Could the Murder of 32 Dogs be the Key to Tougher Anti-Cruelty Laws in Russia?

Irina Knopp

As a Russian-American, I am familiar with the culture that values expensive furs and leather boots well above the rights of the animals used to make the products.  The furs are a status symbol and an asset.  Leather is used because it’s more durable and reliable, a leftover of the Soviet Era when a month’s salary would buy you a pair of leather boots-if they were in stock. With such a love of animal products and until recently, a surprising disregard for the welfare of animals, it is no wonder that Russia has been notoriously slow to develop anti-animal cruelty legislation, falling far behind the EU and the United States.  However, over the last decade small changes have started setting a trend of animal protection.  For example, in 2007 legislation was put forth to protect small forest animals such as hedgehogs from being hunted or having their habitats deliberately damaged.

Over the past few weeks, another exciting development in anti-cruelty enforcement in Russia has emerged via the prosecution of Dmitry Hudoyarov in Moscow.  Mr. Hudoyarov is accused of shooting and killing two dogs that were people’s pets.  He is also believed to be responsible for shooting and killing around 30 stray dogs with a high-powered air rifle.  The story is being closely covered all across the Russian news stations because this is the first time a person has been put on trial for killing stray dogs in Russia.  If found guilty, Mr. Hudoyarov could face two years, a fine or a combination of the two. Animal rights activists are calling for the two year sentence since most of these types of crimes result in the perpetrator paying a fine.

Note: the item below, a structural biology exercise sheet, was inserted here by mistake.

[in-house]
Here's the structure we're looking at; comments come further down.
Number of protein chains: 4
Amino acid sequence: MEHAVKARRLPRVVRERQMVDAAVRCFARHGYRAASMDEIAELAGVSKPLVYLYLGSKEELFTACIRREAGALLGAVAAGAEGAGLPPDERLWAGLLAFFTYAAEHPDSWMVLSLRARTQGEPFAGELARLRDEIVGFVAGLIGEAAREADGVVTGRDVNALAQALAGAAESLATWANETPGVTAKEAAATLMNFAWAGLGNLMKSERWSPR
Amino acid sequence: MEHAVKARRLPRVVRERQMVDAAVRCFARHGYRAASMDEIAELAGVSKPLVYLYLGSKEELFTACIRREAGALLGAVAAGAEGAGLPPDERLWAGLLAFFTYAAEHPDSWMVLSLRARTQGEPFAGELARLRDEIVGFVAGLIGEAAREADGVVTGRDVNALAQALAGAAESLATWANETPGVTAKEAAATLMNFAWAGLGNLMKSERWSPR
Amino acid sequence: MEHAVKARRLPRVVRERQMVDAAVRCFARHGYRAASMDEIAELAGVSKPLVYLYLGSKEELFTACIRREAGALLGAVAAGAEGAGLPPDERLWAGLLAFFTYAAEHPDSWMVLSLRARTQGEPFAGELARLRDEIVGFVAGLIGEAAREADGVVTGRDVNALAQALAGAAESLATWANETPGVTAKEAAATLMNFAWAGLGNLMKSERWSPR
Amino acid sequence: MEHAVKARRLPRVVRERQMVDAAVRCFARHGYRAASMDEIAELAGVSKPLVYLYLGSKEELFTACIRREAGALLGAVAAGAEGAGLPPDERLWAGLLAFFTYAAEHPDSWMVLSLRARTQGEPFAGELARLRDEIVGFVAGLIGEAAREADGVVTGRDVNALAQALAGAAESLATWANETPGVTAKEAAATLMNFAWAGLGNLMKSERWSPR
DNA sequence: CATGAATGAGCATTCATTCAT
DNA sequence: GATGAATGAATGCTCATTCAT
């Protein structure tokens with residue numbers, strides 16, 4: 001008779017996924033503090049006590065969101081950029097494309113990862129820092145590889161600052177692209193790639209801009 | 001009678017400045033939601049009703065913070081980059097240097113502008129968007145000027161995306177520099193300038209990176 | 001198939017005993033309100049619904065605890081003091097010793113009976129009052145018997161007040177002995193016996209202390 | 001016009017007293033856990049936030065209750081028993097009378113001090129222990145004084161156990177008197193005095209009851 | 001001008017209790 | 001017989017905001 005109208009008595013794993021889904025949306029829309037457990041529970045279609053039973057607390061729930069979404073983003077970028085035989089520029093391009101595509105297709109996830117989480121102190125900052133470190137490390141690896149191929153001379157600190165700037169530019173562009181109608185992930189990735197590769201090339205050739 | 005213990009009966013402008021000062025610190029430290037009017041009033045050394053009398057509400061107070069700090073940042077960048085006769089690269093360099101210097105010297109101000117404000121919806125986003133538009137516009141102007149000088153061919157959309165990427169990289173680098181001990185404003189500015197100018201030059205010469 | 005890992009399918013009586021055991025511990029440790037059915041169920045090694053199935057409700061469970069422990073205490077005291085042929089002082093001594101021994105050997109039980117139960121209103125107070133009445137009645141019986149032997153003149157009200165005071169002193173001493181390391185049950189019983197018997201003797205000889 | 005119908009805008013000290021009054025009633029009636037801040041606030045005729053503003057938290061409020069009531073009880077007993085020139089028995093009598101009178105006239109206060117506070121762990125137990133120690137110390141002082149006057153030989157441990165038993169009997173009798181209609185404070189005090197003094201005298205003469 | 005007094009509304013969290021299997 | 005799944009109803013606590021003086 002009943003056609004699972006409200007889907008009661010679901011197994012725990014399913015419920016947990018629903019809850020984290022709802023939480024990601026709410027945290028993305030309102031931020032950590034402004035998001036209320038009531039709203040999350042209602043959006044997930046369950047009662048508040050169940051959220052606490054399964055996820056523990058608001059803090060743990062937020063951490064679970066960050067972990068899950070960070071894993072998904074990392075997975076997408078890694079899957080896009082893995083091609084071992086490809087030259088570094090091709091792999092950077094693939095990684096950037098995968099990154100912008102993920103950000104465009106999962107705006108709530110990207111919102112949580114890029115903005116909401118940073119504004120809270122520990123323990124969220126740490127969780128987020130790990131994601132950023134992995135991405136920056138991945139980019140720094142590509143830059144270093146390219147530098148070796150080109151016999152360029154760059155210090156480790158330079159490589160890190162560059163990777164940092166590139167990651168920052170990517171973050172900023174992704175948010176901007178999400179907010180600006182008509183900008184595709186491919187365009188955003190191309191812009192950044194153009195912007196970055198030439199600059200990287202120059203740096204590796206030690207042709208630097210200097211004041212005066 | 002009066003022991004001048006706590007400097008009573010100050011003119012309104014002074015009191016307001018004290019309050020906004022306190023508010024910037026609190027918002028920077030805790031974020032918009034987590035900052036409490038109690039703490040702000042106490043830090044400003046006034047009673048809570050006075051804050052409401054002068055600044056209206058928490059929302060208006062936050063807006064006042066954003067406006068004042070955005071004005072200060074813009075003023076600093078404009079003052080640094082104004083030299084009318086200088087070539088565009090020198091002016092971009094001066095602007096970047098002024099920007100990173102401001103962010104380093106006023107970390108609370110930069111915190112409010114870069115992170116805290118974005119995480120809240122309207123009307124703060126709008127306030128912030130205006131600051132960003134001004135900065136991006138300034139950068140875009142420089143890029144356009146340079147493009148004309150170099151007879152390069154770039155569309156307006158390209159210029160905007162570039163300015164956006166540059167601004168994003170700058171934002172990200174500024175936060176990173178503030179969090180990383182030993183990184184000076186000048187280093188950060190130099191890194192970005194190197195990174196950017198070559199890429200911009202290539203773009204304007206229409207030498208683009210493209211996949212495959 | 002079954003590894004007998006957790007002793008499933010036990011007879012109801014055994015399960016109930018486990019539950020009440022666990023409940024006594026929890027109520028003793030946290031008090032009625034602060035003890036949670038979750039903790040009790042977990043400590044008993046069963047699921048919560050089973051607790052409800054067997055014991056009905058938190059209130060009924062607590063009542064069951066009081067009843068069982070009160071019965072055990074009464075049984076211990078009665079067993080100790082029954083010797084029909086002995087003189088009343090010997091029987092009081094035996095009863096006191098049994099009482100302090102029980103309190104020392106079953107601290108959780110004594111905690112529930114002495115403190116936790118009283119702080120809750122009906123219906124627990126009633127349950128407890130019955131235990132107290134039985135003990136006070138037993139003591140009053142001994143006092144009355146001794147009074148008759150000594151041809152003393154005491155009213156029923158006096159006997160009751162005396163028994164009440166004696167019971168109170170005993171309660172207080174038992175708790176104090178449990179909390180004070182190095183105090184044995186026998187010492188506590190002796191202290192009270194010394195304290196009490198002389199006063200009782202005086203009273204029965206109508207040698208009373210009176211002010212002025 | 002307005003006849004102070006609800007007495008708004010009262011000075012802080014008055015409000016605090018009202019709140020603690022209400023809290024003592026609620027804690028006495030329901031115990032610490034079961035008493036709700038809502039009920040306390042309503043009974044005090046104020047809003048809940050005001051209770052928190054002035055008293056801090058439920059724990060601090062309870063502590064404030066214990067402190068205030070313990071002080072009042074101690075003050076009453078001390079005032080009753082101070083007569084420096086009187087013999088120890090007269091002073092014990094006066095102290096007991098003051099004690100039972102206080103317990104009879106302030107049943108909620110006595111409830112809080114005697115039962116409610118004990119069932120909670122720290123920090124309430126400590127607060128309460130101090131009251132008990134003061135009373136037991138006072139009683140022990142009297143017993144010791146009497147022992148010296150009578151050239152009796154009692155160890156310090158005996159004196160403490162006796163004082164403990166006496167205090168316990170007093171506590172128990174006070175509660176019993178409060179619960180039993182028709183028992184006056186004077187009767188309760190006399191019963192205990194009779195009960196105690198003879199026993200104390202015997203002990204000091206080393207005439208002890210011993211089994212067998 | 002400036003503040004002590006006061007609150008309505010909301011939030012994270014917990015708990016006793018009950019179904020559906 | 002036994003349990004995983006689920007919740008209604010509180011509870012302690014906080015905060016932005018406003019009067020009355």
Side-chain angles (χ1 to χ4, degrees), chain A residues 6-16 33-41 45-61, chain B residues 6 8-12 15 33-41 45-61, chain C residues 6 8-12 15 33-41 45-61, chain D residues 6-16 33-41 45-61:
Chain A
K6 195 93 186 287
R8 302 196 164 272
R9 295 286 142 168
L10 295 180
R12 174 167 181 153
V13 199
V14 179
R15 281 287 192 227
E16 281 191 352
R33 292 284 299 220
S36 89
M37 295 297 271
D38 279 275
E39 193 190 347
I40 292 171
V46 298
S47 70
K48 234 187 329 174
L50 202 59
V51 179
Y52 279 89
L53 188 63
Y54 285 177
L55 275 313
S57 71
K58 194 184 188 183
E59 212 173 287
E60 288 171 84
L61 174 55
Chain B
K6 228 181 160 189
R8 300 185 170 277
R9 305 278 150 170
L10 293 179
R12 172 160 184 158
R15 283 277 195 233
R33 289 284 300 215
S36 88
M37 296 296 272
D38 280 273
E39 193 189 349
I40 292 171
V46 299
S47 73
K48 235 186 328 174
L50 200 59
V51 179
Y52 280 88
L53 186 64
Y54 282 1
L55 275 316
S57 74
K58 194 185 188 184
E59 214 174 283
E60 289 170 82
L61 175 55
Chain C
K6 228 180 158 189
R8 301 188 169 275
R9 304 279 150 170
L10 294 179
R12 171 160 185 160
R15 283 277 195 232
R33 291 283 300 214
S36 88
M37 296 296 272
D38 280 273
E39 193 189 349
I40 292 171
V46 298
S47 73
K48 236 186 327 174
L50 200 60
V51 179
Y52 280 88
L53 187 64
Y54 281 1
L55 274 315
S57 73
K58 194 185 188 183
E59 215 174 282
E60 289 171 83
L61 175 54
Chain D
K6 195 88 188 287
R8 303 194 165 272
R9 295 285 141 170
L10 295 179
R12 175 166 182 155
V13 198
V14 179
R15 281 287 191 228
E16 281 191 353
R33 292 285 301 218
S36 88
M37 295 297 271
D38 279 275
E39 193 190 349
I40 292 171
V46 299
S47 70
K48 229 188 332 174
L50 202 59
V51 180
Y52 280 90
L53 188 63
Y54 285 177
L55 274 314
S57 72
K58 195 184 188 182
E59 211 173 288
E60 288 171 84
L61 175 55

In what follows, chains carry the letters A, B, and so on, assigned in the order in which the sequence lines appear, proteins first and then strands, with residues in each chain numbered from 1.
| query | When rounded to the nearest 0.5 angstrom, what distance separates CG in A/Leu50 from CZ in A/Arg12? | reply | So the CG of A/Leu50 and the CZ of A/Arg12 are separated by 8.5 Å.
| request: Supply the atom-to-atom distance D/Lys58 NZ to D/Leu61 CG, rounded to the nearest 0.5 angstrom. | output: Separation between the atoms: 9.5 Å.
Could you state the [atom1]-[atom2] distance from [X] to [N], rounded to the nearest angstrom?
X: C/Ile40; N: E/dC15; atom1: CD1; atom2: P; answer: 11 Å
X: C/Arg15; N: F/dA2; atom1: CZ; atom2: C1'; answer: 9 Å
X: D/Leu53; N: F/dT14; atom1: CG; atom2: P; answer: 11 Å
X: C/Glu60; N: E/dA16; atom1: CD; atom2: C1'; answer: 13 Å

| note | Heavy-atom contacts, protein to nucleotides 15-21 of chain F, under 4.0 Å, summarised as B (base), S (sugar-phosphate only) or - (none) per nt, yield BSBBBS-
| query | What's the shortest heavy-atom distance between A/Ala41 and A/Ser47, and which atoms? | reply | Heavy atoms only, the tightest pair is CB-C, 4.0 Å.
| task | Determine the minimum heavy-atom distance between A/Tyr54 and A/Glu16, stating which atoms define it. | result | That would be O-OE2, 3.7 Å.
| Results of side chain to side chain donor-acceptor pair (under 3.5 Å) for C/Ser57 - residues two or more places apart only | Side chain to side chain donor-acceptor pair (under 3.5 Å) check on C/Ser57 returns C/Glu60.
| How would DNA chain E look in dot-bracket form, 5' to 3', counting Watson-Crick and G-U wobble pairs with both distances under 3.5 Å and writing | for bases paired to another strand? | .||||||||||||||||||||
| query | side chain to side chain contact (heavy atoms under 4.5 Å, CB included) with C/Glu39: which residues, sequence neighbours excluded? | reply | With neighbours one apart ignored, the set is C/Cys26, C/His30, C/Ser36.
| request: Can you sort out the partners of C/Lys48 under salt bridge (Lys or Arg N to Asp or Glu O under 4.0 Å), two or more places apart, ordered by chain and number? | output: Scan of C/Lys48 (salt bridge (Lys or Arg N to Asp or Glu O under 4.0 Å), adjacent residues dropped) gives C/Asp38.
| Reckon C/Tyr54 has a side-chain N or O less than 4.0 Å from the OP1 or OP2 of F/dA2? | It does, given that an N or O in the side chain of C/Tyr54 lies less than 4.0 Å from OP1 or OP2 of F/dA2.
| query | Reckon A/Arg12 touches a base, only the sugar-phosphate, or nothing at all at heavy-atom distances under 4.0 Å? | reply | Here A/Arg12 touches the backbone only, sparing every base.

In a country where dog fights are still legal in some parts, a maximum sentence for the shooting and killing these dogs would set an example for would-be offenders and be a step towards eliminating dog fights and other forms of animal cruelty which are still the norm in Russia. The outside of the courthouse is flooded with animal rights activists, people passionate about the protection of animals and others disgusted by the brutality of Mr. Hudoyarov.  The public outcry, protests and empathy this case shows an increasing sign of awareness and public concern over the safety of animals.  A concern which will hopefully be the foundation for greater protection of animals and maybe one day the elimination of an animal product based culture.

3 Responses

  1. […] Could the Murder of 32 Dogs be the Key to Tougher Anti-Cruelty Laws in Russia? « Animal Blawg animalblawg.wordpress.com/2009/09/22/could-the-murder-of-32-dogs-be-the-key-to-tougher-anti-cruelty-laws-in-russia – view page – cached Could the Murder of 32 Dogs be the Key to Tougher Anti-Cruelty Laws in Russia? — From the page […]

  2. I was born and lived in Russia. I love this country. What hurts me the most is not the corruption amongst authorities that is destroying our nation. But animal cruelty. So many people WHO SHOULD BE PUNISHED for animal torture, illigal hunting and sadistic act are walking free. America and United kingdom are ahead of us when it comes to protecting animals. Its time for Russia to take extream action because our attitude to animal rights defines our nation as well as humanity.

  3. Have you ever thought about publishing an ebook or guest authoring on other blogs? I have a blog centered on the same subjects you discuss and would really like to have you share some stories/information. I know my readers would value your work. If you’re even remotely interested, feel free to send me an email.

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